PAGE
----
Eating burnt toast and potatoes 'may increase cancer risk'

The danger foods include chips, biscuits, crackers, crisps and breakfast cereals

Eating burnt toast and potatoes 'may increase cancer risk'

Taoiseach Enda Kenny points to overcooked toast at the Royal College of Physicians in Dublin | Image:

Eating certain foods that have been cooked at high temperatures could be linked to cancer, according to British health officials.

The danger foods include chips, toast, biscuits, crackers, crisps, breakfast cereals (except for porridge), coffee, cooked pizza bases, black olives and cereal-based baby foods.

Also on the list are root vegetables such as potatoes, sweet potatoes, beetroot, turnip, swede and parsnips once they have been fried until dark brown or crispy.

When cooked at high temperatures (above 120C) a chemical compound forms called acrylamide - and studies on mice have shown that high levels of it can cause neurological damage and cancer.

Studies in humans have proved inconclusive.

The Food Standards Agency in Britain (FSA) is launching a campaign following findings from a diet study - which confirm that people in the UK currently consume higher levels of the chemical than is desirable.

Acrylamide forms from the chemical reaction between some sugars and the amino acid asparagine, but the reaction is less likely when food is boiled, steamed or microwaved.

Source: FSAI

No specific maximum limits for acrylamide in food have as yet been introduced in the European Union or elsewhere in the world.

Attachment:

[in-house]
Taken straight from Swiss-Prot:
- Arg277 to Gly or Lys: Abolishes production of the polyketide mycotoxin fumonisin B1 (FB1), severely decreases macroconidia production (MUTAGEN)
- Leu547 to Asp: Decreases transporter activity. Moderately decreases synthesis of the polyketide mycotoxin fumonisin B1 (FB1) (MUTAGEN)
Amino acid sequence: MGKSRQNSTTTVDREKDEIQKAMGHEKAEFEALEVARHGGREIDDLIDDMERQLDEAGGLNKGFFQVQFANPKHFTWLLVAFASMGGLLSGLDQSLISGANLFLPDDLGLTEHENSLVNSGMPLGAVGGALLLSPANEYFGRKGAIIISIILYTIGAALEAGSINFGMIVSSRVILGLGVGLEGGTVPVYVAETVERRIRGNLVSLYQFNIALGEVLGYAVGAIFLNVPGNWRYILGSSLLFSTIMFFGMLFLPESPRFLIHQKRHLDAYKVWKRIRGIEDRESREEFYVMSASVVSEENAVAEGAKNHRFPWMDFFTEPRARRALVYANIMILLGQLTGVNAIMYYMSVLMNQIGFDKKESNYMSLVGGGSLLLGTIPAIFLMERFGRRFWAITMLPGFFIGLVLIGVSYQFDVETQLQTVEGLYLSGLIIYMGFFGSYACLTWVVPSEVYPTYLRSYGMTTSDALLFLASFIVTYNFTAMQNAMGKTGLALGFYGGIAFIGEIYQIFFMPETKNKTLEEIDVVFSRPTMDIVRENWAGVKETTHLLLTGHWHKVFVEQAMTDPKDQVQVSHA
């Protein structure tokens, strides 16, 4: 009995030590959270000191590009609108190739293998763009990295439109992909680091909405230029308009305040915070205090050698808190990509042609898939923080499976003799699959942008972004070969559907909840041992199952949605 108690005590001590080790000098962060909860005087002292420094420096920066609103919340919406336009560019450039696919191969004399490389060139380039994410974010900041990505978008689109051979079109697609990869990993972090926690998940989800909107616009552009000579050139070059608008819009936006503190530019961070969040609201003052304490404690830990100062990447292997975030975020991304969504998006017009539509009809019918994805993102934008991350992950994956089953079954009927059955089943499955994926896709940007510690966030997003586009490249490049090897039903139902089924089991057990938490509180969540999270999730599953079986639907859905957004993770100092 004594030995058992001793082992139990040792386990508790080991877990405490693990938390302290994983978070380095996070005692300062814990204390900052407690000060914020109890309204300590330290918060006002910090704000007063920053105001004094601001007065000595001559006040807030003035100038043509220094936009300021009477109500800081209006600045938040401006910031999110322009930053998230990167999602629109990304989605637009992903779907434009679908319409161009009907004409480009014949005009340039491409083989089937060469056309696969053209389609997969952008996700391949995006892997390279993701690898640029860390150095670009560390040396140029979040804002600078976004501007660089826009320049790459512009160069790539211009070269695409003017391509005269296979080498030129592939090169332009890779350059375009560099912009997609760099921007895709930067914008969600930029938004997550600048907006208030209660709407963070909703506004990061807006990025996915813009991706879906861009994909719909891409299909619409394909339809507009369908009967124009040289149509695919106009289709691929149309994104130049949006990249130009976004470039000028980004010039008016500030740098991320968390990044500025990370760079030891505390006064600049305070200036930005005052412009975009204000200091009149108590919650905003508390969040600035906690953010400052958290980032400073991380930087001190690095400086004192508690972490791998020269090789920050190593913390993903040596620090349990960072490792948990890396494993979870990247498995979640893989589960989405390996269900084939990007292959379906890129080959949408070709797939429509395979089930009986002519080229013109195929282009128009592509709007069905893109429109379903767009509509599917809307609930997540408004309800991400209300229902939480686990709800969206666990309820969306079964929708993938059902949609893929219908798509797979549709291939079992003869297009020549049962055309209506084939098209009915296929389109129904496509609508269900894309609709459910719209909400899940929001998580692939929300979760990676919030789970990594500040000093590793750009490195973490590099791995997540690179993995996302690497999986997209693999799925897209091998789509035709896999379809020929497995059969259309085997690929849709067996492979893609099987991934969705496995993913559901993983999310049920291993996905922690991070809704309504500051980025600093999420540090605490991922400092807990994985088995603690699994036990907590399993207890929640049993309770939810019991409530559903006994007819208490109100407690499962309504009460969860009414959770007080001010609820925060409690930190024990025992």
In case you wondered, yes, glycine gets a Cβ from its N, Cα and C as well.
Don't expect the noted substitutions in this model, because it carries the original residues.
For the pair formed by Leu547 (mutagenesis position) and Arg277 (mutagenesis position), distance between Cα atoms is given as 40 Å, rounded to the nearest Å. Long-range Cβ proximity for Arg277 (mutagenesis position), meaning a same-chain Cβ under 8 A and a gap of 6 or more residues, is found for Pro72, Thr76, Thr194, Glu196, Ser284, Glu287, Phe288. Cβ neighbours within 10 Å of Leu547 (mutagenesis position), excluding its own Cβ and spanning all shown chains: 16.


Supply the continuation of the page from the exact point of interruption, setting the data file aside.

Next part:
Rather, the onus is on manufacturers to develop measures to reduce the levels of acrylamide in their products.

The Food Safety Authority of Ireland (FASI) say while this information is nothing new, all European counties are working together to reduce risks.

The advice from the FSAI is that consumers maintaining a healthy, balanced diet should not be unduly concerned about the presence of acrylamide in food, based on current knowledge.

It says: "The FSAI does not consider that people should make major changes to their diet or stop eating any of the food products in which acrylamide has been reported.

"A large consumption of fried fatty foods such as chips and potato crisps should however be avoided, and foods should not be overcooked or over fried (for long periods and/or at high temperatures, above 120 degrees Celsius)."

While the European Commission has issued guidance on measures shown to be effective in limiting acrylamide formation to manufacturers, retailers, caterers and consumers, following several workshops.

Additonal reporting IRN